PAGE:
Blue Origin will launch six more people to the final frontier Saturday morning (June 4), and you can watch the action live.
Blue Origin’s New Shepard suborbital vehicle is scheduled to lift off at 9 a.m. EDT (1300 GMT) from the company’s West Texas launch site, about 25 miles (40 kilometers) from the town of Van Horn. You can watch it live here at Space.com, courtesy of Blue Origin, or directly via the company (opens in new tab). The webcast will start at 8 a.m. EDT (1200 GMT).
New Shepard consists of a rocket and a capsule, both of which are reusable. The rocket comes down for a vertical, powered landing, much as SpaceX’s Falcon 9 orbital rockets do, and the capsule makes parachute-aided touchdowns.
More: Live updates from Blue Origin’s NS-21 launch
When to watch and what to know: Blue Origin’s NS-21 mission
Each New Shepard mission lasts about 11 minutes from liftoff to capsule touchdown. (The rocket lands a few minutes before the capsule does.) Passengers aboard the automated vehicle experience a few minutes of weightlessness and see Earth against the blackness of space.
Saturday’s flight will be the 21st for New Shepard overall, which explains the mission moniker — NS-21. But it will be just the fifth flight to carry people, following crewed suborbital missions in July, October and December of 2021 and on March 31 of this year.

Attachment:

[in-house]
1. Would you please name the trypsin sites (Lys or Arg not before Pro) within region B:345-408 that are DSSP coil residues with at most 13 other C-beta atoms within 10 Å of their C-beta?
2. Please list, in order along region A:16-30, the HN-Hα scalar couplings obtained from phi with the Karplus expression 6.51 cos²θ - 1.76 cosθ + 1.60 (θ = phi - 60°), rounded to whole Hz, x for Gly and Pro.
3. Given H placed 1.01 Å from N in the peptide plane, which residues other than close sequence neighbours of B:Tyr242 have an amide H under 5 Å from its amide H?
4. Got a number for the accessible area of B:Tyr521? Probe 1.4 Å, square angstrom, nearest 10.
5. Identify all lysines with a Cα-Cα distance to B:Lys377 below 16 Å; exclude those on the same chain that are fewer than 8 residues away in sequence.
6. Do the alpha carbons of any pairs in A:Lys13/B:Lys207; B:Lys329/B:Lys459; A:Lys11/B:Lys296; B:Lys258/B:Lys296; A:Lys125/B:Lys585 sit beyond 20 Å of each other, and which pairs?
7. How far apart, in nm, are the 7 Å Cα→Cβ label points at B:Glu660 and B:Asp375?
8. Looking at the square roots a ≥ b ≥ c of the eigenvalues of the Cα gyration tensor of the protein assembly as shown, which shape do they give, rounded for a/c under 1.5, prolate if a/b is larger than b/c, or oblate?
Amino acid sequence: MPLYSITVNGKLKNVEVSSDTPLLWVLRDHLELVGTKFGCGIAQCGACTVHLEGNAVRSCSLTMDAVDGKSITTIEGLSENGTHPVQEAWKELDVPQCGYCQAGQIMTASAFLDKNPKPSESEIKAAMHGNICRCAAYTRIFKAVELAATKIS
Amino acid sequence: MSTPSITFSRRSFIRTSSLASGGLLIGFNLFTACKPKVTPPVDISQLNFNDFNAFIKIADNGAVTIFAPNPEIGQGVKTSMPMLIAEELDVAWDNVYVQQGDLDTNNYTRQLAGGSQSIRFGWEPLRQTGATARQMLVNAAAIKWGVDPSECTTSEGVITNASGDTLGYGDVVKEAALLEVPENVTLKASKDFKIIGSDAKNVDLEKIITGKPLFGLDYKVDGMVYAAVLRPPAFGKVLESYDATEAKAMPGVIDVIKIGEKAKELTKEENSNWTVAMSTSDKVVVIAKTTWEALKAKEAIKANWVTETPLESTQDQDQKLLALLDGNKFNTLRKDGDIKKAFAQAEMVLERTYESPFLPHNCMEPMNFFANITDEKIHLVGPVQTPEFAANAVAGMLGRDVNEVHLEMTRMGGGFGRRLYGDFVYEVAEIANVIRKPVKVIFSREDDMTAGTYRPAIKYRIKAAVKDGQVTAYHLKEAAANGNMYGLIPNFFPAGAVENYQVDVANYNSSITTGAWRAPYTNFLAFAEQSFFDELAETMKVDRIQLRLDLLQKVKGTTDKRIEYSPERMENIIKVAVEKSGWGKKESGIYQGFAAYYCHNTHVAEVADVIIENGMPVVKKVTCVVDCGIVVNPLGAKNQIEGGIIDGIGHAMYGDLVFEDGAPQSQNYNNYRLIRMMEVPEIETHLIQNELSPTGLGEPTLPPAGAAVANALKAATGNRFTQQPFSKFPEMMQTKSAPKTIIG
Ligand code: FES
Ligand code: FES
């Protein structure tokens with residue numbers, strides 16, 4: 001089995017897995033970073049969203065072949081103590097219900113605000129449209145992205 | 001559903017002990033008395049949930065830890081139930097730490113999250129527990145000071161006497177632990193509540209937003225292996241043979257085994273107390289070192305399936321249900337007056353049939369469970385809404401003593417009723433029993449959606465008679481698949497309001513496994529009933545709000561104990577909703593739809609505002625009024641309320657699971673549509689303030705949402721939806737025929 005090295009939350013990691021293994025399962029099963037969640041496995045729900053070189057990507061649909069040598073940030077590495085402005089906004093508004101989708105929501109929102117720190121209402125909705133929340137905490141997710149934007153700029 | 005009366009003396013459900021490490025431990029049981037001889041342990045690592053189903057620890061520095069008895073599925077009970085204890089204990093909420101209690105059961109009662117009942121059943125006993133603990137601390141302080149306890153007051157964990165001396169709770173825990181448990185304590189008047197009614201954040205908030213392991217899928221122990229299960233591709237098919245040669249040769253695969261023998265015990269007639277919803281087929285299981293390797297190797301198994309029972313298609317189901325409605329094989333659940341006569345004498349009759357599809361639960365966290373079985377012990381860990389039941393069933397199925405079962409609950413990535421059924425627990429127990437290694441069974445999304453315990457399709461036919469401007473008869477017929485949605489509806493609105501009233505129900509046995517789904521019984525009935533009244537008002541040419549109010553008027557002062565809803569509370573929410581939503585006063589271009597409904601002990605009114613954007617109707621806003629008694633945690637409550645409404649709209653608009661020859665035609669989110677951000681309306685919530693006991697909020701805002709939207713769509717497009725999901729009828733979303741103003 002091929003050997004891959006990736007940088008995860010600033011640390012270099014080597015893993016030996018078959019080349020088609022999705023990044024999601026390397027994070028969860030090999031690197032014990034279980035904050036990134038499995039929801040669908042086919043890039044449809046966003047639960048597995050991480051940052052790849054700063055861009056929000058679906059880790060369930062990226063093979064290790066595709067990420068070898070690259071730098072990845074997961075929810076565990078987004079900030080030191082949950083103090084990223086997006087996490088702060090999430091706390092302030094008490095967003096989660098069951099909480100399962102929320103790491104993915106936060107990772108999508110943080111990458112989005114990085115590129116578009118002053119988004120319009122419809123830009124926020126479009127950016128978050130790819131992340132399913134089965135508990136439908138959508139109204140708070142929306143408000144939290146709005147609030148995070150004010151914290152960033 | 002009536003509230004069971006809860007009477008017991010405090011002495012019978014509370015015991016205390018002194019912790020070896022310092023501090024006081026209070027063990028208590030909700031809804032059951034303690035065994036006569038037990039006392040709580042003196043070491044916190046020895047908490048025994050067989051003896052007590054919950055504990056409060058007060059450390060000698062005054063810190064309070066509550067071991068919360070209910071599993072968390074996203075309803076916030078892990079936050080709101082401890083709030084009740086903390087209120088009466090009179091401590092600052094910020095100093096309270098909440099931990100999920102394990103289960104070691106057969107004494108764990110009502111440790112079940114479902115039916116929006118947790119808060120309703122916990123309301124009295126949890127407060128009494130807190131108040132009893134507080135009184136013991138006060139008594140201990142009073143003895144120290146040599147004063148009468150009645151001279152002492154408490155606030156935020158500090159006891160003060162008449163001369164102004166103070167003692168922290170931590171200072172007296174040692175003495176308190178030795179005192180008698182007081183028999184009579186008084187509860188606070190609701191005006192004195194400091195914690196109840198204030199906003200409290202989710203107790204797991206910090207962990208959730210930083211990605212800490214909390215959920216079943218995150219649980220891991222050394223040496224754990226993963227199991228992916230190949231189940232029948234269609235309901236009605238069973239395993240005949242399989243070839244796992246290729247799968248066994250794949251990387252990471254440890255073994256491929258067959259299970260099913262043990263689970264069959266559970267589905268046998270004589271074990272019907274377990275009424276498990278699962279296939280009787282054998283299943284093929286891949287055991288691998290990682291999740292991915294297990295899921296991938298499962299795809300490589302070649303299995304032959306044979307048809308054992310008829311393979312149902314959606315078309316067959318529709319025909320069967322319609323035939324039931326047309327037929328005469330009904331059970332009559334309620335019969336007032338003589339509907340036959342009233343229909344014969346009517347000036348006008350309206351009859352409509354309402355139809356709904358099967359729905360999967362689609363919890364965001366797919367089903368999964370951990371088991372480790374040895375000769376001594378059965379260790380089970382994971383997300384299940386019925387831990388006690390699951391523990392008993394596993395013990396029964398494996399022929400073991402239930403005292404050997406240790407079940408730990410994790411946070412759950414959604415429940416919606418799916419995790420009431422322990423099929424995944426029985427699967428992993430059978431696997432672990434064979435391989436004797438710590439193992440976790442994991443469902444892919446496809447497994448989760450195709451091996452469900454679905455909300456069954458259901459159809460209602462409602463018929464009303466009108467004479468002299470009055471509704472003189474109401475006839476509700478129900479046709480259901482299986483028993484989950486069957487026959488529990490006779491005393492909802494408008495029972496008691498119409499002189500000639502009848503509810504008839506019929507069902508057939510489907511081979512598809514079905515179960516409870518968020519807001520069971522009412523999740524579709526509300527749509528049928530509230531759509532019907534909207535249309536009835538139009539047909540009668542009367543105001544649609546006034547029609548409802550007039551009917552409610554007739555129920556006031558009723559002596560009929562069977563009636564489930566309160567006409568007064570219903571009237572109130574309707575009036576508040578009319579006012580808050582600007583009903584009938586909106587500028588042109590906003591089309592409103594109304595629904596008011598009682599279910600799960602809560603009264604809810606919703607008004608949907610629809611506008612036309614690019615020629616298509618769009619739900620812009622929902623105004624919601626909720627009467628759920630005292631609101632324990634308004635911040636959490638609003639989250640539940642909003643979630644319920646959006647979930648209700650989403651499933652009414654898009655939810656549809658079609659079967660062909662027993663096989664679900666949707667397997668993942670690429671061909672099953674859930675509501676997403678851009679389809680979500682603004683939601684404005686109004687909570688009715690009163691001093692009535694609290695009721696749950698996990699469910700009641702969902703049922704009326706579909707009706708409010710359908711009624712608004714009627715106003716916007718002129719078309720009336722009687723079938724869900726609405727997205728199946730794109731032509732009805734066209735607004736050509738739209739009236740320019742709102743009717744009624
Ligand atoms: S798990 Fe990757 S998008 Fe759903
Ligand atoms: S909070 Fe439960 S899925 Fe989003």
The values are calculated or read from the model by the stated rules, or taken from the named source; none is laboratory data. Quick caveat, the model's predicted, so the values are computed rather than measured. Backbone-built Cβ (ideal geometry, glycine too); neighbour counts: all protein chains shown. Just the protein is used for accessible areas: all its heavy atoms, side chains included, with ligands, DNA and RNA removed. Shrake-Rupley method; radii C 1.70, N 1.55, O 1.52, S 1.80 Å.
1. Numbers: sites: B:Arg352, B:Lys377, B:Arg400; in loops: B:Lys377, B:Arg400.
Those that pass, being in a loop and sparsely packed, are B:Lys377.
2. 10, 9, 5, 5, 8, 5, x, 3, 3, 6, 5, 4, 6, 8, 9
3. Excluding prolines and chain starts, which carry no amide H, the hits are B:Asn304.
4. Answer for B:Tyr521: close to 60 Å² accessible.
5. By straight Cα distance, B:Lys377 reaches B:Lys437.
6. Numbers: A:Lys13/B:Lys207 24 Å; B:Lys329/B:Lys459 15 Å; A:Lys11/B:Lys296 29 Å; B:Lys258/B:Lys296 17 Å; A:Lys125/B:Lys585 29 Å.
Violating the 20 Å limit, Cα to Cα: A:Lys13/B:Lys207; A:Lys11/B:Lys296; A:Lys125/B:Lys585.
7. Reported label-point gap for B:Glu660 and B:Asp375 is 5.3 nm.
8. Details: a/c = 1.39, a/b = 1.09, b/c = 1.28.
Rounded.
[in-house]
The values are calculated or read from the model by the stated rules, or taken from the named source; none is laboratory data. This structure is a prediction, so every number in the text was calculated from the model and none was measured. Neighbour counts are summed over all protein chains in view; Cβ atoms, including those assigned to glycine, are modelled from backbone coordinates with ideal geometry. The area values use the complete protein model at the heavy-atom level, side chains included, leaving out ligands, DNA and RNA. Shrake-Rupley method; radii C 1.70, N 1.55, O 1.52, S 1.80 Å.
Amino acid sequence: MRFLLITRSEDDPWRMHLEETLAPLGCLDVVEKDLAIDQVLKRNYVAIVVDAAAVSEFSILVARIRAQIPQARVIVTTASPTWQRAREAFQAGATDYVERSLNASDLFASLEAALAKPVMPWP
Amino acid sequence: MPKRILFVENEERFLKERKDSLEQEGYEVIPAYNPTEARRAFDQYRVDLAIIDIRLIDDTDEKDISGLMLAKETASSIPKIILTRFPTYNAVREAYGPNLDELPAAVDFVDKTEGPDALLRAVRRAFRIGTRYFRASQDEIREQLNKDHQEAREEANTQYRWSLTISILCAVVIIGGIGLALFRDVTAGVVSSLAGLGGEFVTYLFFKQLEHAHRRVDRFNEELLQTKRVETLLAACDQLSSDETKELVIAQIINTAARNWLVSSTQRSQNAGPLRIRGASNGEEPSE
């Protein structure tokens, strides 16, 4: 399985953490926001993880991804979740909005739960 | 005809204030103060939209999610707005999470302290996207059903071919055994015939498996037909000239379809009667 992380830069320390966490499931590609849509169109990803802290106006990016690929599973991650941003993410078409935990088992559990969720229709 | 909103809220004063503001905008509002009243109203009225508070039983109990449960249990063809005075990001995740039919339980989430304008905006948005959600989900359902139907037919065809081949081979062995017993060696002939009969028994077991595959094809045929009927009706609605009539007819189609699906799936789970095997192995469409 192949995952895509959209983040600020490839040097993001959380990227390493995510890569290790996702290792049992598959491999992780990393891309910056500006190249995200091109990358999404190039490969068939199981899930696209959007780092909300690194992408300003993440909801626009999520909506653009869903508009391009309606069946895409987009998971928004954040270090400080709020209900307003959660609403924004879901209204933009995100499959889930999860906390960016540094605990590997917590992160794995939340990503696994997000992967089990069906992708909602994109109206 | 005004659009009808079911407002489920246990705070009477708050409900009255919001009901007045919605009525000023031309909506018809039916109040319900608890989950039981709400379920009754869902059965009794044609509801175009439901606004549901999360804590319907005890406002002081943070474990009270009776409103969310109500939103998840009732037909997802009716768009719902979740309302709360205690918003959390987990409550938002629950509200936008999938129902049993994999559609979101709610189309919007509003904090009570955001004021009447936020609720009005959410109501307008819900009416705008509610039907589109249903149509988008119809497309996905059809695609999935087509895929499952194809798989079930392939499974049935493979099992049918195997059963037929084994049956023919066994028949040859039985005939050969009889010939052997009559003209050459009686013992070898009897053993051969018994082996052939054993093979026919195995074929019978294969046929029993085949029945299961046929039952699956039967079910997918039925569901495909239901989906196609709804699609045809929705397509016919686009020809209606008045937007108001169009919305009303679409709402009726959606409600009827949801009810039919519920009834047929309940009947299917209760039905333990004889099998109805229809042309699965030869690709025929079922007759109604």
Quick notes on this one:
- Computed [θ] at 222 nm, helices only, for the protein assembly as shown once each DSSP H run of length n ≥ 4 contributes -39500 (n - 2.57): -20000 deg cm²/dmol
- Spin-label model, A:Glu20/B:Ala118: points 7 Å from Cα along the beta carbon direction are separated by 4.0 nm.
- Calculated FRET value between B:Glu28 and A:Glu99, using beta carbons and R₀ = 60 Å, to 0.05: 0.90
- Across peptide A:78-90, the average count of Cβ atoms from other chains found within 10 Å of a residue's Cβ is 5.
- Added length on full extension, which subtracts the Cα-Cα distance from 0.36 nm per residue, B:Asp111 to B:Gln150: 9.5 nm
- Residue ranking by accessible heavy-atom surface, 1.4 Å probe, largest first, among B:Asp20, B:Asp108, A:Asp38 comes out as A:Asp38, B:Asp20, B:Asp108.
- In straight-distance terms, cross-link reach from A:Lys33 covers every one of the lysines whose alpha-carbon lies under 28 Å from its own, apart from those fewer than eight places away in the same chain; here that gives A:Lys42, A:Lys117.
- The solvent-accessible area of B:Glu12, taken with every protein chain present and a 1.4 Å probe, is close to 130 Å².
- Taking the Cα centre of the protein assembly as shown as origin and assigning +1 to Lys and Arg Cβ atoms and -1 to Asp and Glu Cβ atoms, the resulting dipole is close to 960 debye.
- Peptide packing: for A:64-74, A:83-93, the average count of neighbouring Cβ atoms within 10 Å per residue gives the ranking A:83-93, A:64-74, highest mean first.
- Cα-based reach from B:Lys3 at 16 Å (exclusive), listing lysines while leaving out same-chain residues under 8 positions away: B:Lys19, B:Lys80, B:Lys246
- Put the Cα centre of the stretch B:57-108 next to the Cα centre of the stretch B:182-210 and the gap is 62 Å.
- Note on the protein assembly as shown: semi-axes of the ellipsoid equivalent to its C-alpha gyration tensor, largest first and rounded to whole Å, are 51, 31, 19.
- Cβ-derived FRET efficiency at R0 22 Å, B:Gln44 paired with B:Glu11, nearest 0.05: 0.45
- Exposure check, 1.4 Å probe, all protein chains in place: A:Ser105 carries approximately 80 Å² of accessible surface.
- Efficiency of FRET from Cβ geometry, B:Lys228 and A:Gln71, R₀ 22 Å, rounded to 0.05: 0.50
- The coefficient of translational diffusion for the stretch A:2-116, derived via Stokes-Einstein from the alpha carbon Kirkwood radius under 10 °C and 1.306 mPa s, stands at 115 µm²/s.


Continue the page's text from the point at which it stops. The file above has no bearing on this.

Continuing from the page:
One of the NS-21 crewmembers is 26-year-old Katya Echazarreta, a science communicator who will become the first Mexican-born woman to reach space and the youngest American woman to do so. Another is Evan Dick, an engineer and investor poised to be the first-ever repeat New Shepard crewmember. (Dick also flew on NS-19, which launched in December.)
Echazarreta’s seat is sponsored by Space for Humanity, which aims to expand our species’ access to space. And fellow NS-21 crewmate Victor Correa Hespanha was subsidized by the Crypto Space Agency (opens in new tab). But the other four passengers apparently paid for the trip out of their own pockets.
It’s unclear how much they plunked down; Blue Origin has not revealed its ticket price. For perspective, competitor Virgin Galactic currently charges $450,000 for a seat aboard its VSS Unity suborbital space plane, which is not fully operational yet.
NS-21 was originally supposed to launch on May 20, but Blue Origin pushed the liftoff back after discovering a potential issue with one of New Shepard’s backup systems. The company has not provided any details about the issue or its solution.
Mike Wall is the author of “Out There (opens in new tab)” (Grand Central Publishing, 2018; illustrated by Karl Tate), a book about the search for alien life. Follow him on Twitter @michaeldwall (opens in new tab). Follow us on Twitter @Spacedotcom (opens in new tab) or on Facebook (opens in new tab).